Hito Steyerl’s work The Tower takes its name from a real-life endeavor so bizarre it had to be made into fiction. The titular tower refers to a characteristically hubristic project by Iraq’s former dictator, Saddam Hussein, to “rebuild” the mythic Tower of Babel in contemporary Iraq. Saddam was known for his literary pretensions — he was said to be working on an epic novel when the invasion of 2003 began — but one has to wonder if he’d bothered to read to the end of the Babel Tower story. Spoiler alert: it doesn’t have a happy ending. Though invasion scuppered his plans, Saddam’s megalomaniacal project lives on in an aptly named video game, Skyscraper Stairway to Chaos. Steyerl’s film is narrated by a Ukrainian developer who worked on the game. Across three screens situated on a blood-red dais, various heroic and humble building projects are rendered digitally. The developer tells the story of the Kharkiv-based firm, staffed by laid-off engineers made redundant by the end of Cold War state defense largesse, who now create visual representations of luxury developments and provide digital models for securing such properties. The kind of hyper-security their services visualize contrasts with their own fragile economic and physical security. The offices are, the voiceover notes, less than an hour’s tank journey from the Russian border.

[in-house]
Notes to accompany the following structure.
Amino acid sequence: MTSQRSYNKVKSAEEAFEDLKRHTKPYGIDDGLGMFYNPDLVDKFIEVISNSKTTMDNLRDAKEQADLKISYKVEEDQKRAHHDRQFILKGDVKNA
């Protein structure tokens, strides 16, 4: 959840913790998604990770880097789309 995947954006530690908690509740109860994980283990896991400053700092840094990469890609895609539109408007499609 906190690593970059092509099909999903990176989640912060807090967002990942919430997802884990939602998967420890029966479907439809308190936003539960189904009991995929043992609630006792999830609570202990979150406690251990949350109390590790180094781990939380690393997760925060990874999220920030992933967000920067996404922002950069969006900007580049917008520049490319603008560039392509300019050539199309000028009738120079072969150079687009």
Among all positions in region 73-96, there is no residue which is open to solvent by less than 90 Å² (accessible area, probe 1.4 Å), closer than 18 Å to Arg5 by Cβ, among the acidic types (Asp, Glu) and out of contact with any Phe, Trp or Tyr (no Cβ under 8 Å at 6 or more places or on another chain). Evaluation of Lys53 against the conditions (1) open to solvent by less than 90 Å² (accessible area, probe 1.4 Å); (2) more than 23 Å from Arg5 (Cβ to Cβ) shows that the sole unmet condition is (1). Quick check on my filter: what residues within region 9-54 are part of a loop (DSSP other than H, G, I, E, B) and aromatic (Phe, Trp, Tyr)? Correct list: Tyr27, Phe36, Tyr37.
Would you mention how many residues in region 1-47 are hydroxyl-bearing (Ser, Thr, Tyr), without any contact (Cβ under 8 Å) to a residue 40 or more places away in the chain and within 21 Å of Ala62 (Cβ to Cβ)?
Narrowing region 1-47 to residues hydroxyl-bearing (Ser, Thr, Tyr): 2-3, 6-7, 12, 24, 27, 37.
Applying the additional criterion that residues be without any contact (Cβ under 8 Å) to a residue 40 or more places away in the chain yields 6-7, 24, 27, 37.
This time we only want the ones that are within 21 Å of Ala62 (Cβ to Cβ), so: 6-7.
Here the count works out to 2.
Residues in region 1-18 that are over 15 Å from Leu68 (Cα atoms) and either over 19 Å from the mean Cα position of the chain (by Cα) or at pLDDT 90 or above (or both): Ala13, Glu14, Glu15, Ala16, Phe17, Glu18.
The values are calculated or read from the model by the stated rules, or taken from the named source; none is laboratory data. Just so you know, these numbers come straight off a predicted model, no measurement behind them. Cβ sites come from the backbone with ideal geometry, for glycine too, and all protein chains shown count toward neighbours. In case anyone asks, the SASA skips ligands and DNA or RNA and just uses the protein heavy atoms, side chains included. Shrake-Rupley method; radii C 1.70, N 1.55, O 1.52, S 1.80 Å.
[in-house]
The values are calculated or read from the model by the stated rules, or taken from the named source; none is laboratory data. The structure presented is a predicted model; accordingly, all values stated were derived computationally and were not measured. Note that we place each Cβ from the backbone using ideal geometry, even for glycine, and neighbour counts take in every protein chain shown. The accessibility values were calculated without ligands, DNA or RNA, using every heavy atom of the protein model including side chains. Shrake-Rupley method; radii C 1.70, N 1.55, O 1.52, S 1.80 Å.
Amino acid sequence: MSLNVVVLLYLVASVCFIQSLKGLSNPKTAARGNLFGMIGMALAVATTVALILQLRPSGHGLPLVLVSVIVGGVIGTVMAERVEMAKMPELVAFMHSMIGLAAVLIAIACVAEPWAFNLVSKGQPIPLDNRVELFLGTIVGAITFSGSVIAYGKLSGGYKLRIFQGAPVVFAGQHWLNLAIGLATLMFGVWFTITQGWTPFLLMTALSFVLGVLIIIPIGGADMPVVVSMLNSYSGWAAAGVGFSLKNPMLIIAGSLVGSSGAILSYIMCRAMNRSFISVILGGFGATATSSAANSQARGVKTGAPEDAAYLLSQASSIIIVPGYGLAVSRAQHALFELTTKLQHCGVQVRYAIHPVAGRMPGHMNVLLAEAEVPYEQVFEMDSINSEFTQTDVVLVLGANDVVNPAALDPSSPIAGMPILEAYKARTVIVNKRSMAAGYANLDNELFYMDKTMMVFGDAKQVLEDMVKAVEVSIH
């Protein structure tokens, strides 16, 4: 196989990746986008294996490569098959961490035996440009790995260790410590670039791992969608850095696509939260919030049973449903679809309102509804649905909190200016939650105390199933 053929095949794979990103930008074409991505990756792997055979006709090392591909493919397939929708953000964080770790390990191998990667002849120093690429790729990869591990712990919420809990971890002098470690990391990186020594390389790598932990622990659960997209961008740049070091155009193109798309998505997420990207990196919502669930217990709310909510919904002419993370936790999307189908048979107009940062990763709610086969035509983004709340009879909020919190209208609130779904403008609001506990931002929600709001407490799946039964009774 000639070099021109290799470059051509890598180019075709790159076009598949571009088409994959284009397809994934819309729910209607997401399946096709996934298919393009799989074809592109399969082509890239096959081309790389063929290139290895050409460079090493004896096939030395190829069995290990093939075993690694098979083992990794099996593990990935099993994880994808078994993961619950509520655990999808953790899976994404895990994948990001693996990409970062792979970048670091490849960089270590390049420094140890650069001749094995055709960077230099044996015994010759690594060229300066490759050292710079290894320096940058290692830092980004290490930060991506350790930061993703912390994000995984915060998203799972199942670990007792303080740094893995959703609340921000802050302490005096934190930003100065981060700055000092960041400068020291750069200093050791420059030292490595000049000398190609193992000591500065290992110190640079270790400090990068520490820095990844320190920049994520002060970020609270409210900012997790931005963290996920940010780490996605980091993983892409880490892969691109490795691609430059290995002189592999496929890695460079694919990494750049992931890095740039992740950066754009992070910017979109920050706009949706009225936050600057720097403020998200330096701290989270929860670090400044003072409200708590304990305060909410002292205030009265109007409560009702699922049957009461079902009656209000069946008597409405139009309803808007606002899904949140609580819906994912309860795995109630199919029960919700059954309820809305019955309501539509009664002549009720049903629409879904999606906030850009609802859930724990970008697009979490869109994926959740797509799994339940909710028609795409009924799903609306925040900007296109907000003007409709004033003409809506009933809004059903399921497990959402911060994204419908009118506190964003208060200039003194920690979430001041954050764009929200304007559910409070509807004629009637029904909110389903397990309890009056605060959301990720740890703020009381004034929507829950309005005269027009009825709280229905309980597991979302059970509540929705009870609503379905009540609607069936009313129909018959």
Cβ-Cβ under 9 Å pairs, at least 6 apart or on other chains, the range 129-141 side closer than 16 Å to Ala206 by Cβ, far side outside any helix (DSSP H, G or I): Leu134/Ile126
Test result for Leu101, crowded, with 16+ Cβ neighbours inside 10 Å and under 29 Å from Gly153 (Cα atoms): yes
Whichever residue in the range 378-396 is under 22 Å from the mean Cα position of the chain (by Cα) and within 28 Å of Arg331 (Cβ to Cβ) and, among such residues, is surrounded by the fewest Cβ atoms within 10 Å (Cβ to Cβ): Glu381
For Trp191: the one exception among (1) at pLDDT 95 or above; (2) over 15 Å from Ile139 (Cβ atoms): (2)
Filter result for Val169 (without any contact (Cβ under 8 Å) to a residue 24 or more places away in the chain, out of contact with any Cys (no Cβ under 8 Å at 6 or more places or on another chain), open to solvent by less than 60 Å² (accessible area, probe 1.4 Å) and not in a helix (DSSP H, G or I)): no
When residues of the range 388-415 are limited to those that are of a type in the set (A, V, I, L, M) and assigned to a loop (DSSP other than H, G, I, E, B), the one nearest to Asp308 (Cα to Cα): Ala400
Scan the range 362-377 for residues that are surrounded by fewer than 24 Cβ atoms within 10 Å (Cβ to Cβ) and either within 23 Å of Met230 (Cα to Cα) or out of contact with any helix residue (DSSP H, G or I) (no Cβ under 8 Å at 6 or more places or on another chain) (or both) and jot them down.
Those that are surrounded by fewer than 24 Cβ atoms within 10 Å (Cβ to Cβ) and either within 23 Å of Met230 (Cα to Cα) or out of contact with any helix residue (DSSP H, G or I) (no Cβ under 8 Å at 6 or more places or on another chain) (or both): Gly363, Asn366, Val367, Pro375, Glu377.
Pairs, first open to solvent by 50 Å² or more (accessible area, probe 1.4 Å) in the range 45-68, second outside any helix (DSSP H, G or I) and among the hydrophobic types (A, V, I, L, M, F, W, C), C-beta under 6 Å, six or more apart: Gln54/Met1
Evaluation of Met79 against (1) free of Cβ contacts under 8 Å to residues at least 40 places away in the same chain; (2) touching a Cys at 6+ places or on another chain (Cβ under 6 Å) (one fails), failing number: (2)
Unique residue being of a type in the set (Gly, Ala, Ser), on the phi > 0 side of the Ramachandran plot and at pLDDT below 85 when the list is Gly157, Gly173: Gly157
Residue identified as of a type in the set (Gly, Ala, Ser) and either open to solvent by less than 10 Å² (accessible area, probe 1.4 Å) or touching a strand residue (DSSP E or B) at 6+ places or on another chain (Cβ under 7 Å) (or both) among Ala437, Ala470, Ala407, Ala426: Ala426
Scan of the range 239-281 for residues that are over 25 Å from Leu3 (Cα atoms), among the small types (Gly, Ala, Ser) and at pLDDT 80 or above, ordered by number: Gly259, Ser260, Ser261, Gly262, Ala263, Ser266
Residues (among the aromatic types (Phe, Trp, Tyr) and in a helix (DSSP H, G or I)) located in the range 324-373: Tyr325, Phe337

Steyerl is a master of conjuring high-end dystopias. The Tower, with its images of ominously empty luxury properties and bedraggled battlefield tents, surveys the brittle social dynamics of the twenty-first century, and the ways in which media supply comforting, high-definition imaginaries for those who can still afford illusions. For all its black-pill dread, The Tower is not without absurdist humor. A submachine gun blasting a luxe interior to pieces carries a frisson of giddy liberation, and the gleam that appears on the words “hi-tech” as they appear on-screen following the voiceover might raise a smile from even the most committed Doomer. In the five years that have passed since Steyerl made this work, the world has added many new volumes to its encyclopedia of anxiety; but instead of feeling quaint or even naive, The Tower seems as bleakly prescient as the ancient story from which its title derives.